Enhanced Living, Inc.
PlugIn Stations Online
Honest Weight Food Co-op
Home Energy Consultants, Inc.
Real Goods Solar
Thermal Associates
Click ad for Sponsor details.

UpHill House

Support our local Sponsors.

Click Ad for Sponsor details.

Build Smart with SimonFerguson Drywall IncEnhanced Living, Inc.

Note: This house is on the 2012 Solar & Green Building Tour.
See Tour Details...


When searching for properties to build our house, one of the primary requirements was a clear south facing view. We didn't know what the house would look like, but we knew it would need the sun. Planning for our home began in 2008 shortly after we purchased 50 wooded acres near Cambridge, NY. We explored several options to heat the home in the winter, lots of mass for passive solar, masonry stove, hydronic radiant floor, and geo-thermal. But the more we researched the more we discovered the virtues and cost savings of super-insulated, super-tight houses. These houses need little heat in the winter and make excellent use of the sun. 

We soon settled on a compact 1,200 sf two story design with a walkout basement. We hired DEAP Energy Group in Massachusetts to help us fine tune the details and perform the energy calculations using the Passive House spreadsheet, known as PHPP. 

The design called for 12 inch thick walls filled with dense packed cellulose for an insulating value of R-44. The basement walls are insulted to R-42 with a combination of foam and dense pack cellulose. The basement slab sits on top of 6 inches of foam, R-30. The ceiling is filled with 24 inches of loose blown cellulose, R-75. We purchased Accurate Dorwin windows to get higher SHGC values to let more sun in throughout the winter. Our maximum heating load was estimated to be 12.2 kBTU/hr, small enough for a single air source heat pump on the first floor. 

We pitched the roof at 45 degrees, close to the angle of our latitude, for optimal year round solar gain for the solar panels. DEAP estimated that a 6 kW array would fit nicely on our roof and get us to net zero. We installed a 6.9 kW array hoping to purchase a plug-in hybrid car in the future.

We installed an energy recovery ventilator (ERV) because the house is sealed very tight. The blower door test result was 131 cubic feet per minute or 0.46 air changes per hour (ACH). Most homes are in the 4 to 12 ACH range. The ERV allows us to get fresh air without losing heat in the winter.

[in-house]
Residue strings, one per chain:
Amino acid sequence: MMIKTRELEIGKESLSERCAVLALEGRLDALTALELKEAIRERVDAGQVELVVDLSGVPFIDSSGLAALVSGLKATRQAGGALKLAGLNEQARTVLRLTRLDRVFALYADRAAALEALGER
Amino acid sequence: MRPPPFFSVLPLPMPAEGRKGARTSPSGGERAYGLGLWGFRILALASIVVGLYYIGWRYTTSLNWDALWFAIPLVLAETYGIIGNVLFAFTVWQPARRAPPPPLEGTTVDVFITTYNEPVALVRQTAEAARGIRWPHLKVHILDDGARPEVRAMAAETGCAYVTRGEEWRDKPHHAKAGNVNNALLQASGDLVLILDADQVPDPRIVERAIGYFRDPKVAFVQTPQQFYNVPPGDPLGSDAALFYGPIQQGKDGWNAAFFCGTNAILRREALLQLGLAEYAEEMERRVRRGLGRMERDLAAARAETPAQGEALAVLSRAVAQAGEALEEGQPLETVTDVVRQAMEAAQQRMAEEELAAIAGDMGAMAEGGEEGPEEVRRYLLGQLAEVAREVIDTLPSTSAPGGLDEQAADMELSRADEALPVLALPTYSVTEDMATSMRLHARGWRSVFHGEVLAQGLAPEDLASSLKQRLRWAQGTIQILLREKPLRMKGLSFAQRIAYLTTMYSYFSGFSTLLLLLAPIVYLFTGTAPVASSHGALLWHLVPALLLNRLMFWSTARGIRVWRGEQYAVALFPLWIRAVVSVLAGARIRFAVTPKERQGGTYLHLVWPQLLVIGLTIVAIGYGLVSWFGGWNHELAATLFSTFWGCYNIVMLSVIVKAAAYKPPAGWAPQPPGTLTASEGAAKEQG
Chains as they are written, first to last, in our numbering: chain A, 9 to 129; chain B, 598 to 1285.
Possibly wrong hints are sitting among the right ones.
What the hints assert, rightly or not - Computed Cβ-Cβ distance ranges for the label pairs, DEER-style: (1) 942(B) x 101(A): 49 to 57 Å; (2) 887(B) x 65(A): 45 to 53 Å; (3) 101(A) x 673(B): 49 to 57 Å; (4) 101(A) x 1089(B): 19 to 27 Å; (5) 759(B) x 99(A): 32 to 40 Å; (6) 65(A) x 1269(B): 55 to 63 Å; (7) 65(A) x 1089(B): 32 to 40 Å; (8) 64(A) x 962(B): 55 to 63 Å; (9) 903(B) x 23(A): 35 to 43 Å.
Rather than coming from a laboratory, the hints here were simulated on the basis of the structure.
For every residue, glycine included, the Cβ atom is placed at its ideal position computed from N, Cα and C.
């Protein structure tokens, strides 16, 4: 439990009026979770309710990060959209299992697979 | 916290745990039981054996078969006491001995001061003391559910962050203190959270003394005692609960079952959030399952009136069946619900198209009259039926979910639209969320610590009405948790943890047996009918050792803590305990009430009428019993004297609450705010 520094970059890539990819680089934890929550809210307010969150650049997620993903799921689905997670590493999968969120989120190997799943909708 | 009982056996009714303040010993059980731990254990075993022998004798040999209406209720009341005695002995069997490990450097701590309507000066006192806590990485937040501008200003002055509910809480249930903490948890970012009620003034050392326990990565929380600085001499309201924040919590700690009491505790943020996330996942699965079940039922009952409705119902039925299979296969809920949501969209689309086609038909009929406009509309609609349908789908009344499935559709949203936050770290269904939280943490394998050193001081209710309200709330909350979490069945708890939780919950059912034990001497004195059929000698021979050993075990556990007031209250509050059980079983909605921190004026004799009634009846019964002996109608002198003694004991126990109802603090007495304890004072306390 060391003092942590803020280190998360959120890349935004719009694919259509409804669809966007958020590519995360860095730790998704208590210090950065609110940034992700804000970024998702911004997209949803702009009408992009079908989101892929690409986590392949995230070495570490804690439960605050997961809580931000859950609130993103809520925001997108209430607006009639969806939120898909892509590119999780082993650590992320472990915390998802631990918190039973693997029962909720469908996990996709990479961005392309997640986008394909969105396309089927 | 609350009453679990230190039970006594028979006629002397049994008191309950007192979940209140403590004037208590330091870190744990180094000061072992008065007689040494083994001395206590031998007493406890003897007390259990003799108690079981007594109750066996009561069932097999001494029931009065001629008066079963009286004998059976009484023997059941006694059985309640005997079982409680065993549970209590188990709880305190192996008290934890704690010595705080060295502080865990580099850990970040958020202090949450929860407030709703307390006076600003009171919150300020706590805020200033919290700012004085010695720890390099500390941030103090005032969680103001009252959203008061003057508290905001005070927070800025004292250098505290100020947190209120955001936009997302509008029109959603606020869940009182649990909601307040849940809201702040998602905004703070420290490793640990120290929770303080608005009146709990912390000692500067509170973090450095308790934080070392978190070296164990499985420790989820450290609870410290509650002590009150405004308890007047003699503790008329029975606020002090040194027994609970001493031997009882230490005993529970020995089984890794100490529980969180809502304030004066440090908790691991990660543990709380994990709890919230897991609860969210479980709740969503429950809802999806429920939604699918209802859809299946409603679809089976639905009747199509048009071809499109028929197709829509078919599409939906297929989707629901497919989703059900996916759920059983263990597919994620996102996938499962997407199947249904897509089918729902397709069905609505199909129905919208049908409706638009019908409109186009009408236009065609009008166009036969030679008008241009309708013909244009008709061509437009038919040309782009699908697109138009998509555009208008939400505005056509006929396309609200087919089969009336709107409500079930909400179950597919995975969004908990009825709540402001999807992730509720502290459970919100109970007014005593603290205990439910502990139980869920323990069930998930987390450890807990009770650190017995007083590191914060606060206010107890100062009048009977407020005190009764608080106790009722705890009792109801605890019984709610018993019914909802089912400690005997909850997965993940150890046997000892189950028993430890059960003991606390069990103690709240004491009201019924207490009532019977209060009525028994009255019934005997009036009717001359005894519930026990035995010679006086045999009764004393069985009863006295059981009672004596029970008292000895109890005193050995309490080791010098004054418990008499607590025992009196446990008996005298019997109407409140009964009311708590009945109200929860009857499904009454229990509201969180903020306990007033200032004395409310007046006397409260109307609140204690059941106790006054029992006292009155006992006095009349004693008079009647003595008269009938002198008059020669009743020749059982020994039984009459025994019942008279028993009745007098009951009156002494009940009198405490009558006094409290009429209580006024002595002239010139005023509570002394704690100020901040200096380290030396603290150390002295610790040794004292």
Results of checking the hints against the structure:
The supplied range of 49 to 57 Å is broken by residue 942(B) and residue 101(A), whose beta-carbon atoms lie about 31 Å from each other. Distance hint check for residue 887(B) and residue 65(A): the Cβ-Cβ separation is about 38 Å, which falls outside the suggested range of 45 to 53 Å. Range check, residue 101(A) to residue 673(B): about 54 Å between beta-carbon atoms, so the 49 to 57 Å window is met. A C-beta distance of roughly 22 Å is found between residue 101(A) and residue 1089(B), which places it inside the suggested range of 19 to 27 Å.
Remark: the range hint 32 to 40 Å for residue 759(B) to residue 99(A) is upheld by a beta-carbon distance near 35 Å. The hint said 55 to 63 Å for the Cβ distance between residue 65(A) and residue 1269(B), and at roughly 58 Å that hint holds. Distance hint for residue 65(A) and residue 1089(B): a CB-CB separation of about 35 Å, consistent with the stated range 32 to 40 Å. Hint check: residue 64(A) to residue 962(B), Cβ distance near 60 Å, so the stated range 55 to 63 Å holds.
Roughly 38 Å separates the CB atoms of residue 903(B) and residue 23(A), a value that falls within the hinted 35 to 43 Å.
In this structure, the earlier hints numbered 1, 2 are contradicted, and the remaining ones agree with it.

Construction began in March 2010. We used local craftspersons and did much of the work ourselves. Trees felled at the site were milled and used to build our stairs and future furniture. A 1000 gallon cistern sits beneath our porch. We used low or no VOC paint and stain throughout the house. We used natural wood siding and flooring and a metal roof that maintained properly will last several lifetimes. All appliances are EnergyStar and all lighting is CF or LED. 

We moved in January 1st, 2012. The house has performed well thus far. We installed an eMonitor to record our energy generation and usage on each circuit. We installed devices to record inside and outside temperature and humidity data. Meters were installed to record our cold and hot water usage. We have been posting this data monthly on our blog which also details the entire design and build of our home. Check out our blog (uphillhouse.wordpress.com) and please visit us October 13th for the Green Building Open House Tour.

Larry & Jill

Larry and Jill Burks can be reached by commenting on this blog or through member email.

Comments on "UpHill House"

    There are no comments for this article. Create one in the form below.

Leave a Comment

You must be a Member to participate - please Login or Join!

Let us know how helpful or informative this article was.

You must be a Member to participate - please Login or Join!

Ratings for this Entry:

This entry has not been rated yet.